The Recycling of Waste and Blog Posts
Back in August, I wrote a blog post on a project to do away with paper forms at the Community Recycling Centres (tips) within the authority and introduce a digital solution.
The old thing:
Every time someone arrived at a CRC site in a van or with a trailer, they had to fill in a paper declaration to state that their waste was from their own home and not of a commercial nature. The flow of traffic onto the site was slowed by drivers having to fill in one these forms when they reached the front of the queue, creating a bottleneck. Mountains of paper accumulated. Not good for trees. Hard to refer back to if something needed investigating.
The new thing:
People with vans or trailers fill in an online declaration form before they visit. This needs to be done just the once, unless their details change. When they visit a CRC site, the attendants enter their reg number in an online form, which tells them whether the visitor has filled in an online declaration, and if they’ve been banned for whatever reason. Assuming all is okay, the attendants tap a few buttons to indicate which types of waste are being brought to the site, and the visitor can get on with disposing of their waste.
In the office, the management team have to hand up to date, real-time data through their dashboard. From this they can see how many visits each site has had daily, what proportion of these visits is from vehicles that require the completion of the declaration form. Through a variety of reports they can identify visitors exhibiting patterns of behaviour that would indicate commercial activity rather than the disposal of their personal household waste, and follow up with appropriate action.
The new system has been live since 1st December 2018. It started with a soft launch, and the attendants were lenient if people who needed to complete the online declaration hadn’t yet done so. However, since the 1st February 2019, a harder line is being taken, and customers arriving who need a declaration but haven’t completed one online will be turned away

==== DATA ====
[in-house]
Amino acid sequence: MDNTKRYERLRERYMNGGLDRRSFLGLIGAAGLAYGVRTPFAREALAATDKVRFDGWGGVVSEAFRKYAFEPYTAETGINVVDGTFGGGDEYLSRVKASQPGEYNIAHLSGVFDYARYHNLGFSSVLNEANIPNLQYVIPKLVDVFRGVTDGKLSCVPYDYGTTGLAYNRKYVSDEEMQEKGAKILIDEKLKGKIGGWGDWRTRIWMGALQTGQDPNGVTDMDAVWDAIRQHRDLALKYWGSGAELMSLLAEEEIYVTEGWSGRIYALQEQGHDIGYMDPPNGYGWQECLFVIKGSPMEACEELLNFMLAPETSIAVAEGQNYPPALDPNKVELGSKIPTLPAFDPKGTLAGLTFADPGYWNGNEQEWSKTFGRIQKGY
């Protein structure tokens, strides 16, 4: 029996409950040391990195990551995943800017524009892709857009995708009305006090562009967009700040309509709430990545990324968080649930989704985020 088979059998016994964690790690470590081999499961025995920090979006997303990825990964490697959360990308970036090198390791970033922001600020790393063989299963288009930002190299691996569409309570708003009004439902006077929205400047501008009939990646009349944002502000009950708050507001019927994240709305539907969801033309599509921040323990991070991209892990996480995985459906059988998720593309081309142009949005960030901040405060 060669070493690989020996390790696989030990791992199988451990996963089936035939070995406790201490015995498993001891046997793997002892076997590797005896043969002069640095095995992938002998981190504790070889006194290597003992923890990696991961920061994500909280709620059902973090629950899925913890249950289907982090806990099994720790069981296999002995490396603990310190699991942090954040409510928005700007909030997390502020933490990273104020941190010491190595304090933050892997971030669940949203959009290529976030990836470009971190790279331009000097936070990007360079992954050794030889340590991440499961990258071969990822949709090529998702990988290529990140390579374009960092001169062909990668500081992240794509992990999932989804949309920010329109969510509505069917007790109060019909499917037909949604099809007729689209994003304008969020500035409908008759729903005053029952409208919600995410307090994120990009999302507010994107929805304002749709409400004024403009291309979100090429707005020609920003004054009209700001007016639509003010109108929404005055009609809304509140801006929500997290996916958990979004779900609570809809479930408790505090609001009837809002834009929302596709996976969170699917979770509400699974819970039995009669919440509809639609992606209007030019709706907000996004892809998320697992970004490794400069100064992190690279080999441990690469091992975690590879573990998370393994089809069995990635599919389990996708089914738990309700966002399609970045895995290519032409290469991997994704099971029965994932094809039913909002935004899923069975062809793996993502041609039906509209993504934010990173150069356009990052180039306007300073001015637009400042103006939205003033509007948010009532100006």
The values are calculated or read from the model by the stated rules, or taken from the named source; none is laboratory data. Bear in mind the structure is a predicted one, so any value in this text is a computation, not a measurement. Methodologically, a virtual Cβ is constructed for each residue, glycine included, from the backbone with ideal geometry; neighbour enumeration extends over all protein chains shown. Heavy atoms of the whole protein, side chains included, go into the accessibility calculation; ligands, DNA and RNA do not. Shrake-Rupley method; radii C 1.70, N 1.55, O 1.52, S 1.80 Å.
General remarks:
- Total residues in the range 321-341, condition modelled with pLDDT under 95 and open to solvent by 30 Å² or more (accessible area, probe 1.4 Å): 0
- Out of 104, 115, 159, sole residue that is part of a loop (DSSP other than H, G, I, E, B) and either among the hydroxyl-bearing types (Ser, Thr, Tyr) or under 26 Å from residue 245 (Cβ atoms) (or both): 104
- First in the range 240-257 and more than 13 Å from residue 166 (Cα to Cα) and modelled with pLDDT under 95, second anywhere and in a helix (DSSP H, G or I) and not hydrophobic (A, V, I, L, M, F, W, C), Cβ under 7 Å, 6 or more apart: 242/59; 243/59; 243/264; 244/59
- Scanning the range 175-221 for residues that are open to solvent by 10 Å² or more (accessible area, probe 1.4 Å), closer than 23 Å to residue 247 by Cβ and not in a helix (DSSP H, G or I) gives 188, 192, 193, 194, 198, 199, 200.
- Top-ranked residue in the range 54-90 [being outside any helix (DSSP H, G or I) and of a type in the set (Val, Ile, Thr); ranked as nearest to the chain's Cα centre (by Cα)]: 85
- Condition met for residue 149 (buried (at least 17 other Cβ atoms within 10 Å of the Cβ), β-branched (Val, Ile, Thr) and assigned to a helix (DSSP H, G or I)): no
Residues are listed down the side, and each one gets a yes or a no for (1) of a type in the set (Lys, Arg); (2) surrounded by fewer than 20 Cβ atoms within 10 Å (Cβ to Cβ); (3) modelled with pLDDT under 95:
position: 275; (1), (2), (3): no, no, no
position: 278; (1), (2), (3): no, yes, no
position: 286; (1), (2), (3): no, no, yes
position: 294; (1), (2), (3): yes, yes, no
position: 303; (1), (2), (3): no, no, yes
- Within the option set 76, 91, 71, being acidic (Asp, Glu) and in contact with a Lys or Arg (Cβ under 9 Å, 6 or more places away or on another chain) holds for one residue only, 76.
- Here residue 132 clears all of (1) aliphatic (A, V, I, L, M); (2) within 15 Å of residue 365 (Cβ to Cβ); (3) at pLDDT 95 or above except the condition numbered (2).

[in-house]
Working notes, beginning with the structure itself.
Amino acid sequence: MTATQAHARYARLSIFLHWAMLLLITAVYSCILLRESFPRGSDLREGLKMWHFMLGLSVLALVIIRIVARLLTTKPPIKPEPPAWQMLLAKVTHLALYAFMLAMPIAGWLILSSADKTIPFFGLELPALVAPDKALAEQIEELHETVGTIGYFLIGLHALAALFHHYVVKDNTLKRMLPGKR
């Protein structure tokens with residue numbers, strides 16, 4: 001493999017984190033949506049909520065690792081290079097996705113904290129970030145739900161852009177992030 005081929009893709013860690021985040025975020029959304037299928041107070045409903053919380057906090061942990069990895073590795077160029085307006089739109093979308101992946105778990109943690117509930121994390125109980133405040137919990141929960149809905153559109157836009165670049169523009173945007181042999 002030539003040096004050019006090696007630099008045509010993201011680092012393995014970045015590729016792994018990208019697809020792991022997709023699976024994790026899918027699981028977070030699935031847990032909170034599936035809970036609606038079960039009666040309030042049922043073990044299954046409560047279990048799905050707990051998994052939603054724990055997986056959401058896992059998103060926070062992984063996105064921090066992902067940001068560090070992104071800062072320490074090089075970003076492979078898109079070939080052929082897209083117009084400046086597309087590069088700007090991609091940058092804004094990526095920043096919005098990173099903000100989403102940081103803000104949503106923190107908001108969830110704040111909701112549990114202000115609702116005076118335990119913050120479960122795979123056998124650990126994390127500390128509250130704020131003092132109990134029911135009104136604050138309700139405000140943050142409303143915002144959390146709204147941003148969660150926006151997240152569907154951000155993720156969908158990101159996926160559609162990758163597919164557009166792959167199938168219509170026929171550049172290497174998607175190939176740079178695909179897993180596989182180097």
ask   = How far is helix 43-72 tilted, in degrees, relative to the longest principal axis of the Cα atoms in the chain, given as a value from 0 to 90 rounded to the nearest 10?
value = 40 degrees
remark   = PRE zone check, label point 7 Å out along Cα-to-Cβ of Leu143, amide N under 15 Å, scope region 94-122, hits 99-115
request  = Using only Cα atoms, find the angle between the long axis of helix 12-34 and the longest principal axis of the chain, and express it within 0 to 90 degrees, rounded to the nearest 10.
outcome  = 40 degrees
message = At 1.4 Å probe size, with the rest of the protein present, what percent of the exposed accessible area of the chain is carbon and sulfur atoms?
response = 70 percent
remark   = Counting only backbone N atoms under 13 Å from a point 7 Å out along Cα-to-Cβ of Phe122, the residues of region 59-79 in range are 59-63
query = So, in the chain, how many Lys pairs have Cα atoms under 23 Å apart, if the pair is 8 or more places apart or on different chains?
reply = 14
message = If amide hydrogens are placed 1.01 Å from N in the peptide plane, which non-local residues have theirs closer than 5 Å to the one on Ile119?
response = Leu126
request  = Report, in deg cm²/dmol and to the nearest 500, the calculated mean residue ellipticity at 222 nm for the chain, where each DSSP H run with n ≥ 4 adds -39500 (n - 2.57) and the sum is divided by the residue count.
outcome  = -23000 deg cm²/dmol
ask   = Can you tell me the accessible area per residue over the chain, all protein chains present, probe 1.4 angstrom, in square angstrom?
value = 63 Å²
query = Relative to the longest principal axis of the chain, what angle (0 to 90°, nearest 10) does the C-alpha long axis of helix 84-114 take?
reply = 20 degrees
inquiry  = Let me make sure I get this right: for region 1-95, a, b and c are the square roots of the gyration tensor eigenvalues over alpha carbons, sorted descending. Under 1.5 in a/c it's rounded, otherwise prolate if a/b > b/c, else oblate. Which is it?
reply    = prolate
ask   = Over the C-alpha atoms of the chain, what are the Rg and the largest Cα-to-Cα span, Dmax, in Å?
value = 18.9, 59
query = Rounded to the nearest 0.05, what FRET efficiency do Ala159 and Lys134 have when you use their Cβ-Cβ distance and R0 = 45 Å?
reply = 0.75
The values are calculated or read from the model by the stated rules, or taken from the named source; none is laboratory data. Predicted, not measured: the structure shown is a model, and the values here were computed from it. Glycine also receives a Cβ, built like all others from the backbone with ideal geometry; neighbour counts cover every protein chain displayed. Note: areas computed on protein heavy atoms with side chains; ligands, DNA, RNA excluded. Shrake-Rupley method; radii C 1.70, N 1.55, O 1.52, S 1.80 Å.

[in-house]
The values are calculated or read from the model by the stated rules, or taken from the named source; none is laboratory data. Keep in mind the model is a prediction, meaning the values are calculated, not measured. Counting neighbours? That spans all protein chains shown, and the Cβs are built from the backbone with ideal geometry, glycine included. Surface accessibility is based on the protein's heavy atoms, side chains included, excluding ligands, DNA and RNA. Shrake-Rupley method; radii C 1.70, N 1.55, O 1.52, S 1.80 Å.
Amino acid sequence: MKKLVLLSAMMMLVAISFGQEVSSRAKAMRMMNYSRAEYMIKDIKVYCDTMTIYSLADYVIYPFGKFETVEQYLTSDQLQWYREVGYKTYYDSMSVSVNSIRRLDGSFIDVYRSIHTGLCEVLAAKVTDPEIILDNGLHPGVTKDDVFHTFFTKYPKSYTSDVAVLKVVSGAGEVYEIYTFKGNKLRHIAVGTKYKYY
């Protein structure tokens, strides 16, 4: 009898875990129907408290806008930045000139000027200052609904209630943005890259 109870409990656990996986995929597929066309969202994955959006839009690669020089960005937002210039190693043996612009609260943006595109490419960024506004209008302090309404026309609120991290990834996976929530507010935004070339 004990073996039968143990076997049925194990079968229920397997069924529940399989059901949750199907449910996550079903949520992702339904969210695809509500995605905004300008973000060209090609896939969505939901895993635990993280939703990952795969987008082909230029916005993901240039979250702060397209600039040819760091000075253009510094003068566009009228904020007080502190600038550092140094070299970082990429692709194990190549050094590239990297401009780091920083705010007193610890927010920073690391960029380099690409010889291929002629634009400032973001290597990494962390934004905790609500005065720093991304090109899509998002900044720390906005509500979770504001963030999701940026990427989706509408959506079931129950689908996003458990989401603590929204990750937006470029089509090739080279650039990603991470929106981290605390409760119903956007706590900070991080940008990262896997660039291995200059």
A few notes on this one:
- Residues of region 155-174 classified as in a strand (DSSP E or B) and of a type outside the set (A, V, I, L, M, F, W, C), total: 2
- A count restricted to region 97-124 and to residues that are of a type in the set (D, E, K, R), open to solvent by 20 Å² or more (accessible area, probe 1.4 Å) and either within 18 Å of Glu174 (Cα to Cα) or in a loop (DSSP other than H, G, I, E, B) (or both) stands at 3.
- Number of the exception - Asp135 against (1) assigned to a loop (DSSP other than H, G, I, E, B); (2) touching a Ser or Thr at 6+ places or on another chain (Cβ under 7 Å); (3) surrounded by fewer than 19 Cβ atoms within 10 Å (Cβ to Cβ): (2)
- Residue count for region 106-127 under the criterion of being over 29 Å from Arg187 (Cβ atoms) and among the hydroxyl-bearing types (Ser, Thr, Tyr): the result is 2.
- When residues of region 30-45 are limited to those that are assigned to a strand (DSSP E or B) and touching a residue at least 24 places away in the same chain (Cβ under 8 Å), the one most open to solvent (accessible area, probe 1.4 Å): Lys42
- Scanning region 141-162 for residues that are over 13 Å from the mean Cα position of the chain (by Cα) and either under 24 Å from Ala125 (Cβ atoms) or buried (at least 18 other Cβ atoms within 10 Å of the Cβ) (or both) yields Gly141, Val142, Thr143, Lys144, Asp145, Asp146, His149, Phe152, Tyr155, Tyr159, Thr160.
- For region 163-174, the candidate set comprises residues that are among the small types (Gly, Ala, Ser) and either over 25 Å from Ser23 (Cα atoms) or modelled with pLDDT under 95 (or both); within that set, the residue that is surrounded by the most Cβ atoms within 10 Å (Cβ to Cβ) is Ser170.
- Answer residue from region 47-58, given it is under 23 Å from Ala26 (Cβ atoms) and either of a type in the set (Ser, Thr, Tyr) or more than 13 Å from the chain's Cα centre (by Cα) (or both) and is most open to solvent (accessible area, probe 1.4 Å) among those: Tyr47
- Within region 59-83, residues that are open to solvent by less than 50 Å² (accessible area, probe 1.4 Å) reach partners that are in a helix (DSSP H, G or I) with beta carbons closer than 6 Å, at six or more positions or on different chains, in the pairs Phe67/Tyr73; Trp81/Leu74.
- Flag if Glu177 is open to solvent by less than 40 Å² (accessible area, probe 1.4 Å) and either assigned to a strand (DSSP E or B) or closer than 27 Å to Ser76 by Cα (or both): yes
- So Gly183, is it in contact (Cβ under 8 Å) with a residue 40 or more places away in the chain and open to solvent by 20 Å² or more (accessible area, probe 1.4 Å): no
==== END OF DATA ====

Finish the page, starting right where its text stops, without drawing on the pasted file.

Thus far, it’s gone fairly smoothly. There have been a handful of minor changes to make:
- On the form, we have added a few extra buttons for waste types that were lumped together under ‘general’ during development/testing but in fact needed their own categories as they can be indicative of commercial operations getting custom through Facebook.
- The dashboard has had a few minor tweaks to improve user navigation and to make it easier to analyse and act on suspected commercial activity.
- Wording on the form and on the web page has been tweaked to include ‘large vehicles’ because some cars are nigh on vans when they’ve got their seats down and have been used by some to evade attention.
There have also been a couple of times when there’s been a blip somewhere and the attendants’ online form has found itself offline for a few minutes, but hey, we’re working agilely and we’ve got a plan B.
The main complaint I’ve had from the service thus far is that their new system is so rich in useful data that they get caught up using it when there’s also other stuff they should be getting on with. I can live with that.
“There are so many positives that the system brings to everyone, management, site attendants, members of the public. The only people who don’t like the system are the rogue traders, which means you have got the system right.” — Sharon Hunt, Operations Director
And with around five thousand visits already where a paper form hasn’t had to be filled in, let’s think of all the trees we’ve saved! (Apologies to manufacturers of filing cabinets, though).